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August 1961

Ophthalmoplegia and Retinal Degeneration Associated with Spinocerebellar Ataxia

Author Affiliations

Brooklyn, N.Y.
Dr. Okazaki's present address: Department of Pathology, State University of New York, Downstate Medical Center, Brooklyn, N.Y.; Supported in part by Neuropathology Training Grant 2B-5062 from the National Institute of Neurological Diseases and Blindness, United States Public Health Service.; From the Division of Ophthalmology, State University of New York, Downstate Medical Center, and the Division of Neuropathology, Department of Pathology, College of Physicians and Surgeons, Columbia University.

Arch Ophthalmol. 1961;66(2):247-259. doi:10.1001/archopht.1961.00960010249017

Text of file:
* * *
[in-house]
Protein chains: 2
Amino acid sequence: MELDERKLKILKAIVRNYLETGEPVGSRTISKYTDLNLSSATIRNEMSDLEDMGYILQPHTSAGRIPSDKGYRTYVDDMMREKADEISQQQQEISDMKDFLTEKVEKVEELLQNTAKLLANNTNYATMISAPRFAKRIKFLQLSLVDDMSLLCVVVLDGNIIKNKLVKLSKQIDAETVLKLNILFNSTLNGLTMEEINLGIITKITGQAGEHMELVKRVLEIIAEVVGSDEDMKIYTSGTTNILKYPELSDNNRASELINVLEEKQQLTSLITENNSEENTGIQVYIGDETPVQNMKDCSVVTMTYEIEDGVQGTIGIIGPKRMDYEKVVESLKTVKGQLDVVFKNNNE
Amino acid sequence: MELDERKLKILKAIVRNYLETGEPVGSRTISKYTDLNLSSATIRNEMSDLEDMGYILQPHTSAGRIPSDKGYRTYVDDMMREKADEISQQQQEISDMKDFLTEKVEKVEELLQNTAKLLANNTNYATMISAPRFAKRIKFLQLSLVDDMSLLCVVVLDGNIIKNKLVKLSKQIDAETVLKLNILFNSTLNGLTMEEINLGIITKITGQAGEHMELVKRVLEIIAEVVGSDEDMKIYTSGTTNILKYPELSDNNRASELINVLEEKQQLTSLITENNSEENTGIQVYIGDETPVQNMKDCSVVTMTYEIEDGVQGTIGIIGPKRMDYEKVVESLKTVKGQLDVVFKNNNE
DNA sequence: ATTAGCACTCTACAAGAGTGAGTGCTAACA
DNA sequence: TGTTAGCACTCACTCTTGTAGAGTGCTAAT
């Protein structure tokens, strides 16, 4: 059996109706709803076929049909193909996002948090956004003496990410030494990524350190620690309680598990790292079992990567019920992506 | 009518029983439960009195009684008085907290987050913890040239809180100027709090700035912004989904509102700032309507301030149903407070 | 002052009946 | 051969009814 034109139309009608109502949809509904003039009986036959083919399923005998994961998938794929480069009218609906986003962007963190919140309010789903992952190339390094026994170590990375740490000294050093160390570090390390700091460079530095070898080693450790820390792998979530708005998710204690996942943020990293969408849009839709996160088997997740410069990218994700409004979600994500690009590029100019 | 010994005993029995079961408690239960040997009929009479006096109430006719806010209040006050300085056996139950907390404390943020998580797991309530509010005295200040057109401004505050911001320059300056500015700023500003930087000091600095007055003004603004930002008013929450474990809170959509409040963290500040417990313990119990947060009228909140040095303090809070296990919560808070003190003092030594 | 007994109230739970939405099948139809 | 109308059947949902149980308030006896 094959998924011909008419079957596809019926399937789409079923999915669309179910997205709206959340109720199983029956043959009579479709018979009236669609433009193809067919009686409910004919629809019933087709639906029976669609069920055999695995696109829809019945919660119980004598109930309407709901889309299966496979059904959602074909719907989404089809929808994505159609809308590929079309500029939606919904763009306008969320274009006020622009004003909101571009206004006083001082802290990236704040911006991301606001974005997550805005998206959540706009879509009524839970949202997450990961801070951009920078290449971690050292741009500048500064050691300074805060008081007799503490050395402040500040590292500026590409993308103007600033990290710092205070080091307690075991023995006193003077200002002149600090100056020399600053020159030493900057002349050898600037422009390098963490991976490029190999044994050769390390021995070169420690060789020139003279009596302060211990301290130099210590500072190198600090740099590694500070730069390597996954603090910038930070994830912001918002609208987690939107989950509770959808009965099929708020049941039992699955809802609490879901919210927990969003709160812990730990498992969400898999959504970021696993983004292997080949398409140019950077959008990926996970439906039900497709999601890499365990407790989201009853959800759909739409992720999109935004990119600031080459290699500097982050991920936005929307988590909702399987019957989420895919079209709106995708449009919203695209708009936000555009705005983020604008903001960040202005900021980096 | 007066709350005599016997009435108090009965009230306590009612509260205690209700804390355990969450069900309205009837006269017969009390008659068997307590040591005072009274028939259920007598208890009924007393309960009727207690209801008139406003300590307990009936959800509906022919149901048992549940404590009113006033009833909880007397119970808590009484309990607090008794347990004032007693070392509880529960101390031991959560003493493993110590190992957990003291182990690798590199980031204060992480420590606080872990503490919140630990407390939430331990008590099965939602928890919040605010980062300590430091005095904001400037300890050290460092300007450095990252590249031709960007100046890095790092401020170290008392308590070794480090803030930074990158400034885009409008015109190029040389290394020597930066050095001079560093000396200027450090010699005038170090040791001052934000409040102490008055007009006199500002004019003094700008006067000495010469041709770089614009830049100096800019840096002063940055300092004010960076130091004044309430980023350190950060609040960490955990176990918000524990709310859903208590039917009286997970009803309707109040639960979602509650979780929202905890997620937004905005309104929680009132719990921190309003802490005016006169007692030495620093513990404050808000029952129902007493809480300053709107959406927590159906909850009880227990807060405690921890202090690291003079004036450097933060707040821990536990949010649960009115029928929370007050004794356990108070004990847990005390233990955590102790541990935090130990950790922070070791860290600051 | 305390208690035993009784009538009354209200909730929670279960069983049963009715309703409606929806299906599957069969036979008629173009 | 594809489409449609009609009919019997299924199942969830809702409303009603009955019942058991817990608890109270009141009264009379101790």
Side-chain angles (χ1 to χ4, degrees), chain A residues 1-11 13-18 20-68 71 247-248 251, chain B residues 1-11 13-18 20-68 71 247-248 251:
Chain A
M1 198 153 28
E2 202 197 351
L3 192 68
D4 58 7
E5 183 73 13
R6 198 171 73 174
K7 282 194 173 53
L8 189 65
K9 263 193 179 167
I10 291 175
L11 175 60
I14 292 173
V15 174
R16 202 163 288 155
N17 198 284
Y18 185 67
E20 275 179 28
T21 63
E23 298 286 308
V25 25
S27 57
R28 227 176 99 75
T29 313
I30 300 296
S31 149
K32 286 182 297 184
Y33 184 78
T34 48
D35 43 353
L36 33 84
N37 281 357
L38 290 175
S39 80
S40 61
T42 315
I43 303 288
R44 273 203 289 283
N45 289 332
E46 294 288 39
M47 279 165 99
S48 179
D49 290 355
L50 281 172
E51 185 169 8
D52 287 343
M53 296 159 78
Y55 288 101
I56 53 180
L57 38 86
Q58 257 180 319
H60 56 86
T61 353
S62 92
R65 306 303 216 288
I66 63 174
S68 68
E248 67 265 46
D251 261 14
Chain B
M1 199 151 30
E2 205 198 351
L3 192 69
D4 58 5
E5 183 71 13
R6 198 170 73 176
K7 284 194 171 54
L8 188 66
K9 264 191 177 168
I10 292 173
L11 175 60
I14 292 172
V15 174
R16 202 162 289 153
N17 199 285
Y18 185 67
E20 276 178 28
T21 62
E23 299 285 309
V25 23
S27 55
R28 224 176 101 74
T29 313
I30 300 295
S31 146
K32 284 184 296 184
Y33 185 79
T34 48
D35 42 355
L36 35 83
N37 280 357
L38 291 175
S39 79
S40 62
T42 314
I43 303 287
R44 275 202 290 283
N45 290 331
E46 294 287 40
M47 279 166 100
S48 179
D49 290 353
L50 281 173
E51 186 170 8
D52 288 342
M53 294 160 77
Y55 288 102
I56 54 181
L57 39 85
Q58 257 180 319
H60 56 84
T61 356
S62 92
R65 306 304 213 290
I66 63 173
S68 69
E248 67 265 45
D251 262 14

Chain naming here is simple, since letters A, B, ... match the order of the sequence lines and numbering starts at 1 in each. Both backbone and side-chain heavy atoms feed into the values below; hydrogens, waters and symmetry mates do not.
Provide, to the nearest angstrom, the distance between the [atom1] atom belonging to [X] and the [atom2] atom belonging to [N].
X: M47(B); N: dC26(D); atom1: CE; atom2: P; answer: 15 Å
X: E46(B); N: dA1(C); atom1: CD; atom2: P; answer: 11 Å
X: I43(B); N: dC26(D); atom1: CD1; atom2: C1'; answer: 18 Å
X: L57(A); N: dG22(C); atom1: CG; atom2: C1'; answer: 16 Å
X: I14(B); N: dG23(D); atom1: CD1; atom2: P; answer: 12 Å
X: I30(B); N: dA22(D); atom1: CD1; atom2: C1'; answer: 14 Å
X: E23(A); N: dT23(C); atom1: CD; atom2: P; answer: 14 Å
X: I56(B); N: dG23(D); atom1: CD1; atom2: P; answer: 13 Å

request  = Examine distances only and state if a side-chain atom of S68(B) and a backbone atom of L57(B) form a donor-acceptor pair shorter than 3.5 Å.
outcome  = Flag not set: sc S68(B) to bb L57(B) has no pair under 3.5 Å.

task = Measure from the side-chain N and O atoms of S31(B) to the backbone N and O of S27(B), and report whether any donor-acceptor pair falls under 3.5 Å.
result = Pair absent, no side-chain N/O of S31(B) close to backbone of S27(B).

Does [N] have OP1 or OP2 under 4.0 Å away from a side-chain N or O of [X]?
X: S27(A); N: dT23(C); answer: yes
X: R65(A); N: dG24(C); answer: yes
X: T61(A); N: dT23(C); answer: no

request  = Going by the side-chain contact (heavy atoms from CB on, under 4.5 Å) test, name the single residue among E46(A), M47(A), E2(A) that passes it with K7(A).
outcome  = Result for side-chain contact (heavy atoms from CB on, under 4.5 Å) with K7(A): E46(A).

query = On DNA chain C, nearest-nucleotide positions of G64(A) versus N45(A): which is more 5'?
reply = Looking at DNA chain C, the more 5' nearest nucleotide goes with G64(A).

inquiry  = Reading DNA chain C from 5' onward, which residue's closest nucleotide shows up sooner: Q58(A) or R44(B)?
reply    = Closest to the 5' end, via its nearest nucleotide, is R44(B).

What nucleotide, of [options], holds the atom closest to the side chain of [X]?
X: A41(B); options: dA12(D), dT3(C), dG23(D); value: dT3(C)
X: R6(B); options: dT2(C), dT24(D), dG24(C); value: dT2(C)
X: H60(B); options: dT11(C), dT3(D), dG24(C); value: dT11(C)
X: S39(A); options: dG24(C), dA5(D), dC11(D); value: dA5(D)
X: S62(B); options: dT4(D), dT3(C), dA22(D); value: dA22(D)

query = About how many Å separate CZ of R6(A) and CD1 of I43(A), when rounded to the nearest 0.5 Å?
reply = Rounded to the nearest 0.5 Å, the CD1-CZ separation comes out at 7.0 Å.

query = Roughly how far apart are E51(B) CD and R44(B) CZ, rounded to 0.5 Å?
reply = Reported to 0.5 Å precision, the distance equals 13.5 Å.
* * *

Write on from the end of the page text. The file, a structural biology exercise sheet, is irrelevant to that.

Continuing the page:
Introduction  The predominant ocular findings reported in the familial and heredodegenerative ataxias are nystagmus, optic atrophy, and ocular muscle palsies. Nystagmus is said to be characteristic of the so-called spinal form of familial ataxia (Friedreich's ataxia) and optic atrophy and ocular muscle palsies of the spinocerebellar (Marie's ataxia) and cerebellar forms of heredodegenerative ataxia.1 We are concerned in this paper with some aspects of the ocular findings in the heredodegenerative ataxias which fit broadly within the classification of the spinocerebellar and cerebellar forms of the disease.In the literature we found a group of heredodegenerative ataxias associated with progressive ophthalmoplegia, a group associated with retinal degeneration, and a group associated with both ophthalmoplegia and retinal degeneration.Stephans et al.2 in 1958 reported 4 cases of heredodegenerative ataxia associated with progressive ophthalmoplegia in which the ophthalmoplegia was characterized by an impairment of upward gaze with a preservation of

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